This presentation discussed the development of the Principles of Future-Proofing and how to integrate them into practice in the context of US and international preservation guidance documents and regulations, including a framework for adoption of guidance documents such as the one being developed in this symposium.

Draft Practice Guidelines

In a series of interactive sessions following the symposium presentations, attendees articulated and ranked recommendations for addressing challenges raised by aging composite materials and assemblies in three categories:

1. Prioritize Preservation:

  • Consider relative importance of historic character and materials. Research to understand design intent and cultural perspectives on value. Distinguish significant and character-defining materials from the entirety of original materials to establish a hierarchy of significance among components and features within a building, as a to guide renewal and reinvestment tradeoffs.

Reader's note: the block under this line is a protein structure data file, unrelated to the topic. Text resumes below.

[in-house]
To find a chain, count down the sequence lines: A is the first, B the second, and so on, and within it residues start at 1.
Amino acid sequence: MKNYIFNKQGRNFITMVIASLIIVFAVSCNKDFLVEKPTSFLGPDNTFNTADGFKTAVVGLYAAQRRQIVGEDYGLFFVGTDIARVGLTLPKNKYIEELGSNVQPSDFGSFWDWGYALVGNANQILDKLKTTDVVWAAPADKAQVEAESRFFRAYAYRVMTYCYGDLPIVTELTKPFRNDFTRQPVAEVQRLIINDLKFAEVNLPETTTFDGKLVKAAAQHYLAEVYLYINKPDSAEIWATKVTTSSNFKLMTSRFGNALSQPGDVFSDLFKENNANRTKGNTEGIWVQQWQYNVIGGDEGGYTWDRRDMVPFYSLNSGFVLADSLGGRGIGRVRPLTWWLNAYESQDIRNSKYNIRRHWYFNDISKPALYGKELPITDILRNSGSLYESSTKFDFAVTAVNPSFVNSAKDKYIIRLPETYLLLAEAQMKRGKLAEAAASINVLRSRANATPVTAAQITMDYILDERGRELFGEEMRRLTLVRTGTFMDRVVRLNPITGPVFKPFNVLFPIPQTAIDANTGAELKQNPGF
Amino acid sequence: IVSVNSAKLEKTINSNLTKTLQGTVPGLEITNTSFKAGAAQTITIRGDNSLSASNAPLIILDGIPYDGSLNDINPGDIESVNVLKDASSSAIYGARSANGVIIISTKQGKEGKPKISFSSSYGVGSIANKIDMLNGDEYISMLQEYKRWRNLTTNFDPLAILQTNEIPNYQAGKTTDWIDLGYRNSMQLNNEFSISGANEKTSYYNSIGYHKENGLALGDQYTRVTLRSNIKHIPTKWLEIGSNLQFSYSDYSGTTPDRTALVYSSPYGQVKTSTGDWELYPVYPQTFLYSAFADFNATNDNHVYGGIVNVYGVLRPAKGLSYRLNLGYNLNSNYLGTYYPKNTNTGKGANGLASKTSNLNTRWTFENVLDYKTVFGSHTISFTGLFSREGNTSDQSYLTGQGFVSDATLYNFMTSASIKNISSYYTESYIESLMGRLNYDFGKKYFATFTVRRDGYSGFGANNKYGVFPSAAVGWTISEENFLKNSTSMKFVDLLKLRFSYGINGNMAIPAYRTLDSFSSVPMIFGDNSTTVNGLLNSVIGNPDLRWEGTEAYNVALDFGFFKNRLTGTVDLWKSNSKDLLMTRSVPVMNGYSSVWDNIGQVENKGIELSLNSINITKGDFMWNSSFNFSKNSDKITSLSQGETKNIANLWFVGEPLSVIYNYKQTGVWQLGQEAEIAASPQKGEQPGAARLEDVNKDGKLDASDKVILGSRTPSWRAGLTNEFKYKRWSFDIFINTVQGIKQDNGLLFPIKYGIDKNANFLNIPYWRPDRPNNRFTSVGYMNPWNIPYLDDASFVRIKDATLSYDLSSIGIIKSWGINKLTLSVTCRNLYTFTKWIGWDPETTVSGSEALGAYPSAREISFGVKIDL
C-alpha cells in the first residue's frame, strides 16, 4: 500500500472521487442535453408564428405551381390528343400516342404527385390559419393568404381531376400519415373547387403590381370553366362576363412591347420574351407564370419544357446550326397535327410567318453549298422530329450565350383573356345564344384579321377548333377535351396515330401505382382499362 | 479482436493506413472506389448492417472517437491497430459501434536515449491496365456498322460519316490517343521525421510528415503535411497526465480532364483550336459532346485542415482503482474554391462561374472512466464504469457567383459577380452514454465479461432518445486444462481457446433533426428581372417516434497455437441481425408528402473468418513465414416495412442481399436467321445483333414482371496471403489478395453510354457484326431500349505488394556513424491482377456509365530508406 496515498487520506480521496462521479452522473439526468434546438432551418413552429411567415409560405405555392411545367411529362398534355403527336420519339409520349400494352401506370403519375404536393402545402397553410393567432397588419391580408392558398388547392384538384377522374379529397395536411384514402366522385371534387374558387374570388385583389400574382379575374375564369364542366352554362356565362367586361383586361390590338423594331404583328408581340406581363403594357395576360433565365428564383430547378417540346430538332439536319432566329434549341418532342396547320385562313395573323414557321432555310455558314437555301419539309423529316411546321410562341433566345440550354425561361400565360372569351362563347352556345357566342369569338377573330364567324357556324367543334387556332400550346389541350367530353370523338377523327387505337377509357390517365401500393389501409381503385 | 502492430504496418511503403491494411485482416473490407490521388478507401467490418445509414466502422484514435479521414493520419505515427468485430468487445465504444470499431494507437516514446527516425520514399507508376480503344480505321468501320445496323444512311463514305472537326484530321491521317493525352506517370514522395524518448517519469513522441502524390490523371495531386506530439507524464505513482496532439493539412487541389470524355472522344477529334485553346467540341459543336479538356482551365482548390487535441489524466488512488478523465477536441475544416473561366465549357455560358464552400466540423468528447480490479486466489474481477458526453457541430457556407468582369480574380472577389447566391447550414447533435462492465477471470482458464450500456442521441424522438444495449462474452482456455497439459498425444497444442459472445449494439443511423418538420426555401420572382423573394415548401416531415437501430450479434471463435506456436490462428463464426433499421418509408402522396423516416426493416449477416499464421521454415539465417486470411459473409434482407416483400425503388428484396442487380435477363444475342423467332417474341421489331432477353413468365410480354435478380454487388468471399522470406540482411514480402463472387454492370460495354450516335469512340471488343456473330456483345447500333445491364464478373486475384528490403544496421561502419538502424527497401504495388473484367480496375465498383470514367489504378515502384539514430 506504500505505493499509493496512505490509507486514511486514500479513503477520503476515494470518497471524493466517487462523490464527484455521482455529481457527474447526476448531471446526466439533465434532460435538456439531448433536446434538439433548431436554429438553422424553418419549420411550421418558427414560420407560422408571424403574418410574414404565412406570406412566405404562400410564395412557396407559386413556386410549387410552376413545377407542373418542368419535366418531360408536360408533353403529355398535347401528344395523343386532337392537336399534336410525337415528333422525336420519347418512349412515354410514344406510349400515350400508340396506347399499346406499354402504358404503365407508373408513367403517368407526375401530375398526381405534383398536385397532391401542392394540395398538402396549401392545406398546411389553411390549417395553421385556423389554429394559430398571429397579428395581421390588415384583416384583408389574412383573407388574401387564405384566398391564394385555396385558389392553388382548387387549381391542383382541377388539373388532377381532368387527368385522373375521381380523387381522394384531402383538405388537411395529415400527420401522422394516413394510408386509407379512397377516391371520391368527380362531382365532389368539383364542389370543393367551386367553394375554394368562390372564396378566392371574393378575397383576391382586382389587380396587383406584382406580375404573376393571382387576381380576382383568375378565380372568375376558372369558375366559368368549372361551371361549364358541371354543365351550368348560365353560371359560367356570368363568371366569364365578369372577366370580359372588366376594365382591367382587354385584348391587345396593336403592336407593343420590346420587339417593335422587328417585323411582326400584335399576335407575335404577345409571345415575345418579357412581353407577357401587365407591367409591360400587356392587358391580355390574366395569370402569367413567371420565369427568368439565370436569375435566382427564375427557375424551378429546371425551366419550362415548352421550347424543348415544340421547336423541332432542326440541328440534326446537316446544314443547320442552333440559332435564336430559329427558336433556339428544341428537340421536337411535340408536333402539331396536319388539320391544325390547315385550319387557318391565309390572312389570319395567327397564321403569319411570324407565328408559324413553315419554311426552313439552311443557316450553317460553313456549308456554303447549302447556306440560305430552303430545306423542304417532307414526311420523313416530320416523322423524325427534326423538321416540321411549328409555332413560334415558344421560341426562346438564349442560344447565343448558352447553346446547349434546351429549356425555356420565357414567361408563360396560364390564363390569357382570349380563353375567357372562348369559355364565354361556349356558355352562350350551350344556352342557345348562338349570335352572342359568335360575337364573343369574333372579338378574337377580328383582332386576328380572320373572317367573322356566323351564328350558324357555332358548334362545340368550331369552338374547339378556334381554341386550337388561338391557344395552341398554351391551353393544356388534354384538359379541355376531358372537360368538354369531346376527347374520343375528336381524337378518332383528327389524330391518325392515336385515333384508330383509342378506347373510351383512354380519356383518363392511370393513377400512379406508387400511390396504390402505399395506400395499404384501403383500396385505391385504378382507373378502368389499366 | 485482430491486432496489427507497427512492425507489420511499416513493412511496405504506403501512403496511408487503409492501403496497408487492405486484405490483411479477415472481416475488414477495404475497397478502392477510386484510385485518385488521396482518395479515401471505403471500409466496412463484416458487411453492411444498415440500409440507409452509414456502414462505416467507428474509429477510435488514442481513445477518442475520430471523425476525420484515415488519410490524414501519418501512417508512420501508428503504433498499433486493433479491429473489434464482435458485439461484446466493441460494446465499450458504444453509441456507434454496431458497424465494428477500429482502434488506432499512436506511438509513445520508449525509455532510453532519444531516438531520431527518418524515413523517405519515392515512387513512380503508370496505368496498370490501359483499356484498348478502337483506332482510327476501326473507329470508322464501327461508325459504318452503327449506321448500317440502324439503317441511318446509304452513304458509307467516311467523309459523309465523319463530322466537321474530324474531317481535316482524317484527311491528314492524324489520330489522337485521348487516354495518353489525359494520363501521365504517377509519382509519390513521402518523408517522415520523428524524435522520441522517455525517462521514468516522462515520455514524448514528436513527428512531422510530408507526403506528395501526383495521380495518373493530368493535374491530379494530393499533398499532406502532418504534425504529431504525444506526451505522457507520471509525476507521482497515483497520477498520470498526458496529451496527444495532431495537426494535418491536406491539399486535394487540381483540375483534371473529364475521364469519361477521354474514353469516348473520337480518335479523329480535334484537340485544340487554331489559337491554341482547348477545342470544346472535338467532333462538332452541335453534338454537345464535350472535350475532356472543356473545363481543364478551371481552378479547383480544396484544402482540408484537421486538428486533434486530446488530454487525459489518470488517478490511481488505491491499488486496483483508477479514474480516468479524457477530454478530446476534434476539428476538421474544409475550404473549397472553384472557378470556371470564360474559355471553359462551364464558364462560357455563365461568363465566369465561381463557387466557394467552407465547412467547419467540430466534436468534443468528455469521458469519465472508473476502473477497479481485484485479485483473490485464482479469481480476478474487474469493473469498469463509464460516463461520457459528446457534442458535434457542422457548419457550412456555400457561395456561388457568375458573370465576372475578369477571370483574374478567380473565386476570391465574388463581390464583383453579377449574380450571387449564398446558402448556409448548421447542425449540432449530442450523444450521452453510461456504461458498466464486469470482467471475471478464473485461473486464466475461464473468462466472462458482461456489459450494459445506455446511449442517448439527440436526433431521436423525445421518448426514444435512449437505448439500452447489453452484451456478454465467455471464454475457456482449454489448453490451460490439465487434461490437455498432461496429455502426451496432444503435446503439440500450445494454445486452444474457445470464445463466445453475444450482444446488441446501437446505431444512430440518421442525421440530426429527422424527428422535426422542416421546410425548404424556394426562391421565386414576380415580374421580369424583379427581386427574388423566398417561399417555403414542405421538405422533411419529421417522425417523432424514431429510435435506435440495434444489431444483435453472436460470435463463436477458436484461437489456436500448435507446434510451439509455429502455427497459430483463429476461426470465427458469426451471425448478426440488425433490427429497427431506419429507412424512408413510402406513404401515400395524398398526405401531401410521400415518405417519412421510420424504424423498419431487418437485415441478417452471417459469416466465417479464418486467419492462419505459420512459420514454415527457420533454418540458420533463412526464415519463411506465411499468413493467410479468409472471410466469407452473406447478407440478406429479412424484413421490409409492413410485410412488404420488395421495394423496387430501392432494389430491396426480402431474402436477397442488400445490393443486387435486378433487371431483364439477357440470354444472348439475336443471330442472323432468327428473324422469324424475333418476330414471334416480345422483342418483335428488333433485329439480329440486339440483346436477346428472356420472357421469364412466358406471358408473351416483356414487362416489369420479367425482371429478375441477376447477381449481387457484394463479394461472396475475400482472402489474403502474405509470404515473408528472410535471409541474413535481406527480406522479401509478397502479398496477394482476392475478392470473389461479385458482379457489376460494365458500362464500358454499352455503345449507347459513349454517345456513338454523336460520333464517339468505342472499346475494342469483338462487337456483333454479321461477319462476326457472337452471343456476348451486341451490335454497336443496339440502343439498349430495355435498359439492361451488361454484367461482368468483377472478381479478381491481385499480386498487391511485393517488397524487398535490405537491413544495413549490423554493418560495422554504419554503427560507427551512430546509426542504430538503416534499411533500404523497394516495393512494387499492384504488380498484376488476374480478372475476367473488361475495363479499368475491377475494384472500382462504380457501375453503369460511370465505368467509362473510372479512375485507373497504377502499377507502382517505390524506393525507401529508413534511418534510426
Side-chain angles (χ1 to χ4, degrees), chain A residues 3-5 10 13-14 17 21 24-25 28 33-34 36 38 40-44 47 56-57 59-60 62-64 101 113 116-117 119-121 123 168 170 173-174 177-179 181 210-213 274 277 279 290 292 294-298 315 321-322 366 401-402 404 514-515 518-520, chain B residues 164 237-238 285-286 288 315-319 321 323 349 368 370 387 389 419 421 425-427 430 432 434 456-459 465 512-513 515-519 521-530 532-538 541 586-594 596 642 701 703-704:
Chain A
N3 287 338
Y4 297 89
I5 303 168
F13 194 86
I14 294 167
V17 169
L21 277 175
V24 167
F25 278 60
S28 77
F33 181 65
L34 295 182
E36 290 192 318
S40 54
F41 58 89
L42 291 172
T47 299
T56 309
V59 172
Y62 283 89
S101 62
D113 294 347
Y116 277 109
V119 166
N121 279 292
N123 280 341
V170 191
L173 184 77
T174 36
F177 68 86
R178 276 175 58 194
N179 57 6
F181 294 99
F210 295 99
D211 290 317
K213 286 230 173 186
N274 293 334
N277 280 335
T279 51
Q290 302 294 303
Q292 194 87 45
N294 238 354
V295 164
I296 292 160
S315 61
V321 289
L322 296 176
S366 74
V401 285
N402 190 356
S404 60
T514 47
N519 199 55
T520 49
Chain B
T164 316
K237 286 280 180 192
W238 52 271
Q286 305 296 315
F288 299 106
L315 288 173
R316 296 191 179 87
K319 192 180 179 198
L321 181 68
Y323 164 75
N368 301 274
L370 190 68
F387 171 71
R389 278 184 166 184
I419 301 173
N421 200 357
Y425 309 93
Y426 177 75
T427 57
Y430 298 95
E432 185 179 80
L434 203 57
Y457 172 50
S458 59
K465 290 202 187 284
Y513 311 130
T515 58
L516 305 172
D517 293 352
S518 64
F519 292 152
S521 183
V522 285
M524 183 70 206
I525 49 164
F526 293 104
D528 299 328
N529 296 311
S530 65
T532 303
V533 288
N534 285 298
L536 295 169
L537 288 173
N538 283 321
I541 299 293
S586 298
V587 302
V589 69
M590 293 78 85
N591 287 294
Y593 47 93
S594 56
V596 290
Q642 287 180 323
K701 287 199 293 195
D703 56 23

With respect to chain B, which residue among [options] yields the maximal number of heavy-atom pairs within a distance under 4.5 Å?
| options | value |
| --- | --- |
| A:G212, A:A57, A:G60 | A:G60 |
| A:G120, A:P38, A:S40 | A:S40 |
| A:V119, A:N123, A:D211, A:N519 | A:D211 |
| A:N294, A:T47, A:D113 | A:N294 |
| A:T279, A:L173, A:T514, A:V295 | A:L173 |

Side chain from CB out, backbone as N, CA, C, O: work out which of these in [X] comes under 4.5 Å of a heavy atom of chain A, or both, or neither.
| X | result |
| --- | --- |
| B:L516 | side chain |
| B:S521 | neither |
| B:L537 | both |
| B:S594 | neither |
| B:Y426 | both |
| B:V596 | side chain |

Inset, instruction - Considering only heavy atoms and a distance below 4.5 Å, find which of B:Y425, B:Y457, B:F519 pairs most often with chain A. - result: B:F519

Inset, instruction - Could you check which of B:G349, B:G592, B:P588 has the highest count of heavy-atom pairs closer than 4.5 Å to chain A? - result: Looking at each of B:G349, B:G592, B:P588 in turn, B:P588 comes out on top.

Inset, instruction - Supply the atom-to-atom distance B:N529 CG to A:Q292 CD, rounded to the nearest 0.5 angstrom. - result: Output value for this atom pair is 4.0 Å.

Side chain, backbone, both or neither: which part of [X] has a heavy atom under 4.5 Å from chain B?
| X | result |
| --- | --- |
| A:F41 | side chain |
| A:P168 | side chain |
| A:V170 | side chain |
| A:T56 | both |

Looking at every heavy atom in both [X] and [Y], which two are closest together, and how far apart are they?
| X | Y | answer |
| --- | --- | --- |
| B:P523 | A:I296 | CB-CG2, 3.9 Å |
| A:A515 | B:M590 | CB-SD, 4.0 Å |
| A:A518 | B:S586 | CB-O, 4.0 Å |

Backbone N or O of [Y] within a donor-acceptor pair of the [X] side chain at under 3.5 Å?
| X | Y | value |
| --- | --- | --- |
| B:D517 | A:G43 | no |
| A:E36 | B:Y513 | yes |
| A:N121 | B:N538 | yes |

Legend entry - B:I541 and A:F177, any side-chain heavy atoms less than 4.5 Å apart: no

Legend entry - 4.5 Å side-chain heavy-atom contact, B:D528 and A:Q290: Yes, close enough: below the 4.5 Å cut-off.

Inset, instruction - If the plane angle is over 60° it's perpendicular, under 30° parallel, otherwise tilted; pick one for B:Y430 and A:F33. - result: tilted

• Emphasize long-term economic and technical feasibility of alternative treatments among reinvestment options.

2. Prioritize Sustainability

  • Advocate funding the sustainability of heritage assets through reinvestment and renewal to maintain to extend service life.

  • Place a premium on human and environmental health. Avoid disturbing potentially hazardous materials or mitigate in accordance with applicable conservation and environmental standards.

  • Design for repairability and maintainability, with access to maintain, repair, or replace limited-life components.

  • Emphasize durability and flexibility to maximize the building’s adaptive capacity in face of future unknowns.

3. Prioritize Feasibility (Life Cycle Cost)